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Embezzlement of Wages in Germany: Shorter Statutes of Limitations Planned

Embezzlement of Wages in Germany: Shorter Statutes of Limitations PlannedThe payment of social security contributions is becoming a pitfall for many companies in Germany. Failure to pay contributions is usually severely punished. According to the German Criminal Code (Section 266a StGB), it is a criminal offence to withhold or embezzle wages as an employer.

Delayed payment of social security contributions is punishable by law

In practice, this often happens in connection with non-payment or late payment of social security contributions. The statute of limitations is a particular source of uncertainty for employers. This period begins once the criminal offence is concluded. However, due to the close proximity to social security law, the offence of withholding and embezzlement of wages is only concluded when the obligation to pay contributions has expired. The obligation to pay contributions expires, for example, if the amounts are paid at a later date or if the person concerned leaves their position as a representative of the employing company.

Statute of limitations almost impossible in cases of embezzlement of wages

In all other cases, by default, the obligation to pay contributions expires four years after the end of the calendar year in which it became due. This does not apply to intentionally withheld contributions. In this case, social security law provides for a statute of limitations only after 30 (!) years. The criminal statute of limitations, which is five years in the case of withholding and embezzlement of wages, only comes into effect after that. If, in addition, a possible interruption of the statute of limitations occurs, the period may amount to a total of 40 years and 364 days in the worst case.

Does it make sense to pay social security contributions retroactively?

In this context, those affected naturally ask themselves the question whether they should make up for the payment of contributions. In fact, withholding and embezzlement of wages and salaries may allow for a voluntary disclosure, including payment of arrears, which provides an exemption from criminal prosecution. Compared to the voluntary disclosure in cases of tax evasion, however, the voluntary disclosure within the framework of Section 266a StGB is of little practical relevance. The reason for this lies in the strict requirements for exemption from prosecution, which is only granted if the employer notifies the collecting agency in writing of the amount of the withheld contributions at the latest by the time they are due or immediately thereafter, and explains why it is not possible to make the payment in due time, despite having made serious efforts to do so.

Exemption from punishment not certain in case of voluntary disclosure

Even if the employer in question meets these strict requirements, he/she cannot be sure of impunity, since the law states that courts in these cases “can” refrain from punishing the employee, but they do not have to. Nevertheless, as always, a confession and subsequent compensation for damages can have a mitigating effect on the sentence. It must be examined individually for each case if a disclosure of the offence makes sense.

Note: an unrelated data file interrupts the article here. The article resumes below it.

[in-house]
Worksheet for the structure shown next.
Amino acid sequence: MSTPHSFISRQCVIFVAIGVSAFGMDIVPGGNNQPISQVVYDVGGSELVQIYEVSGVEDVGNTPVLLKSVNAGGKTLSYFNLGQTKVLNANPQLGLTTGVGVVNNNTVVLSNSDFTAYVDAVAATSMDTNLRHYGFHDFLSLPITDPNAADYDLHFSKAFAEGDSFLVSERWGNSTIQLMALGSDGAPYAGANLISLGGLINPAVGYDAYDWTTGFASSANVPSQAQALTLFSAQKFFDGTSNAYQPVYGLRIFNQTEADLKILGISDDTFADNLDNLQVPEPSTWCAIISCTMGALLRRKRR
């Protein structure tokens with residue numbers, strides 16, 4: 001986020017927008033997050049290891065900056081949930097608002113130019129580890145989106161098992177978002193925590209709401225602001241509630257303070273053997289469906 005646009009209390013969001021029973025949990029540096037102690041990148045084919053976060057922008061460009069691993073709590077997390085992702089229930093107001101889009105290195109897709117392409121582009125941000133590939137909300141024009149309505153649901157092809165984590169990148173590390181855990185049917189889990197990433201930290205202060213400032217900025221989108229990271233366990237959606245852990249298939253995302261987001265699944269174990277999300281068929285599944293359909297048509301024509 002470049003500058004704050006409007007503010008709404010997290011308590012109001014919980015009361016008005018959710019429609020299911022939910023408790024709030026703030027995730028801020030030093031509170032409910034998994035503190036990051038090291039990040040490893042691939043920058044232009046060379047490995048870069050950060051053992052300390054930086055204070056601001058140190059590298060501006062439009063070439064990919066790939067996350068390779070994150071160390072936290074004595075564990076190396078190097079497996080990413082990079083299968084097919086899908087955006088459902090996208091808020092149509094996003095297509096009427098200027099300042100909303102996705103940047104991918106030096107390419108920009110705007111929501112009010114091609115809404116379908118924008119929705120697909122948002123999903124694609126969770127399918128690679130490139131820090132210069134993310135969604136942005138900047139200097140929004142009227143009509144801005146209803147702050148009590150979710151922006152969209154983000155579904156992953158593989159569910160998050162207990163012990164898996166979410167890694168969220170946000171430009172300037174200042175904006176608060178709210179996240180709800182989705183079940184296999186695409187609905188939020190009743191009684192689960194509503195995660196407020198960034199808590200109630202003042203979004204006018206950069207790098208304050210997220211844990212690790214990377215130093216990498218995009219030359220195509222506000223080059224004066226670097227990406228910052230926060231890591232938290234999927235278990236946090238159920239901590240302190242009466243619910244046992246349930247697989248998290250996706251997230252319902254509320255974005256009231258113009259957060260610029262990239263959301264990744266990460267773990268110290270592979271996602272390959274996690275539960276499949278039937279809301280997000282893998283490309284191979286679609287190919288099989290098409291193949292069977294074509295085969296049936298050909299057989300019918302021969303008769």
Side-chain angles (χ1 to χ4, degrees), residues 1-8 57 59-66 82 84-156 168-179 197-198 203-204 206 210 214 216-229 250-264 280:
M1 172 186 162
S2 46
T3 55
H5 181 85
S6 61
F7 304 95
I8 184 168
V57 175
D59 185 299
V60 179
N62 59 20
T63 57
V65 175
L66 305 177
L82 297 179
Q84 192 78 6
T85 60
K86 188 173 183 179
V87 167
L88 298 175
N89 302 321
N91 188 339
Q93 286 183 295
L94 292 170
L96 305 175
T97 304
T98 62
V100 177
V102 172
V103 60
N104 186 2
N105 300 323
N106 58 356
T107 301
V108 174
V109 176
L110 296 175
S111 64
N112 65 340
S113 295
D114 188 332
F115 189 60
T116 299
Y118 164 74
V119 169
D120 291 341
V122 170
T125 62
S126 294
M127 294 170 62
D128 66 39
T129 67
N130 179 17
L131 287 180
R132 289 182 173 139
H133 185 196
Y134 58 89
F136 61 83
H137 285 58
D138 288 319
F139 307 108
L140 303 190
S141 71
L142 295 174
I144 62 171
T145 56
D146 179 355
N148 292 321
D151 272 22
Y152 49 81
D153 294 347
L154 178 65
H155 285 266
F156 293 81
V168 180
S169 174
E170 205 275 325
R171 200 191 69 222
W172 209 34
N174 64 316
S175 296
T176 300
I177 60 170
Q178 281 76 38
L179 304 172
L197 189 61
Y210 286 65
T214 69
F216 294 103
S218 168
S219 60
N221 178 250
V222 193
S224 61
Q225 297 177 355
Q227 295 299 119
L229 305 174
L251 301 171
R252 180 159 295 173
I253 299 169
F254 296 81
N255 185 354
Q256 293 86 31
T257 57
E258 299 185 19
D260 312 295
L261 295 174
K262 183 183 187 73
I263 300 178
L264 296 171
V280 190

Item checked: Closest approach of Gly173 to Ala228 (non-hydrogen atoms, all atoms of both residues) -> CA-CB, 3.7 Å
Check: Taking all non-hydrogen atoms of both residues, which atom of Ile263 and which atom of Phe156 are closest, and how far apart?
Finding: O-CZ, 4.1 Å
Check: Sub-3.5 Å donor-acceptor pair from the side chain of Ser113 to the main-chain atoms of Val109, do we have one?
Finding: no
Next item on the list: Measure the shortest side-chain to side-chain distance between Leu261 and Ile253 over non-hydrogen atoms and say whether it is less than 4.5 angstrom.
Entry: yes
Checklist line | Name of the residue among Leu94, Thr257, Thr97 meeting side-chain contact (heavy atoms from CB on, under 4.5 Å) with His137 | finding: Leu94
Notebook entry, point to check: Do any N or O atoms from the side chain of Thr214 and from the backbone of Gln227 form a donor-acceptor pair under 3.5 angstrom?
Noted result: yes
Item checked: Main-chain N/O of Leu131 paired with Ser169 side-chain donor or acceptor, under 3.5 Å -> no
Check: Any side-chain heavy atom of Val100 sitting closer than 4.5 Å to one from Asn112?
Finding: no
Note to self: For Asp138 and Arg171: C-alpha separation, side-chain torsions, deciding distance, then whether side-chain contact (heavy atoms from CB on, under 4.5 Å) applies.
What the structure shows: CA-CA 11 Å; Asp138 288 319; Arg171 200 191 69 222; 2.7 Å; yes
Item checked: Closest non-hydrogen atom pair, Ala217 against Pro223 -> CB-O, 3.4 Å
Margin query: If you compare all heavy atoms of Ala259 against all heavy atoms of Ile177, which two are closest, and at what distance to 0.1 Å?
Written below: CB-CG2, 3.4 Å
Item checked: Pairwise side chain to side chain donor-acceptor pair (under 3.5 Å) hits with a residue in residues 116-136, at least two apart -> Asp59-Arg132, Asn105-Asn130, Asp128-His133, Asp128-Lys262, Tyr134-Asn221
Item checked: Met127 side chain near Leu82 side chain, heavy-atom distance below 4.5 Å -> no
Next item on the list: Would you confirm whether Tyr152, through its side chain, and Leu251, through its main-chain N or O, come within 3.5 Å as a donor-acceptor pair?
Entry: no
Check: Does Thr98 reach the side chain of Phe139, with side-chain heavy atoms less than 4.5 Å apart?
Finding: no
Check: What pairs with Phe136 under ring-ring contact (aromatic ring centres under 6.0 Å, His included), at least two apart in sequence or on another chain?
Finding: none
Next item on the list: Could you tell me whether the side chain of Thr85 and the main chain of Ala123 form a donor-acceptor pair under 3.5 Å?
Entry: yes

Reduction of the statute of limitations intended

However, a ray of hope for those affected is offered by a current inquiry request of the first penal senate of the German Federal Court of Justice (BGH of 13.11.2019 – 1 StR 58/19). The court intends to deviate from the above-mentioned decades of case law on the start of the statute of limitations. According to this decision, the statute of limitations for withholding and embezzlement of wages should already start as soon as the due date has passed. This means that from the point in time when, for example, social security contributions should have been paid, the offence becomes time-barred within five years.

Change of jurisdiction could result in impunity!

If the remaining criminal senates agree to the change in jurisdiction – and that currently appears to be the case – this could also have an impact on criminal proceedings already underway. For example, proceedings in which the due date was more than five years ago could be discontinued in whole or in part. The prosecution of undiscovered crimes that were committed before a certain point in time would be hindered by a ban on prosecution.

Even businesses that have acted with intent benefit from new rulings. We will gladly examine in each individual case to what extent this will benefit your company.

WINHELLER offers legal assistance on violations regarding social security contributions

We are happy to examine whether you can benefit from the proposed shortening of the statute of limitations and develop a customized defense strategy for you. Based on our expertise not only in commercial criminal law, but also in social security and employment law, we can provide you with comprehensive advice, also with regard to proceedings against the German Pension Insurance Agency, because these proceedings are usually conducted simultaneously. Please feel free to contact us with your questions before possible infringements can cause any damages.

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Bartosz Dzionsko

Bartosz Dzionsko

Bartosz Dzionsko is a German attorney at law at WINHELLER headquarters in Frankfurt/Main. He specializes in German tax law, criminal tax law, money laundering and German customs law.

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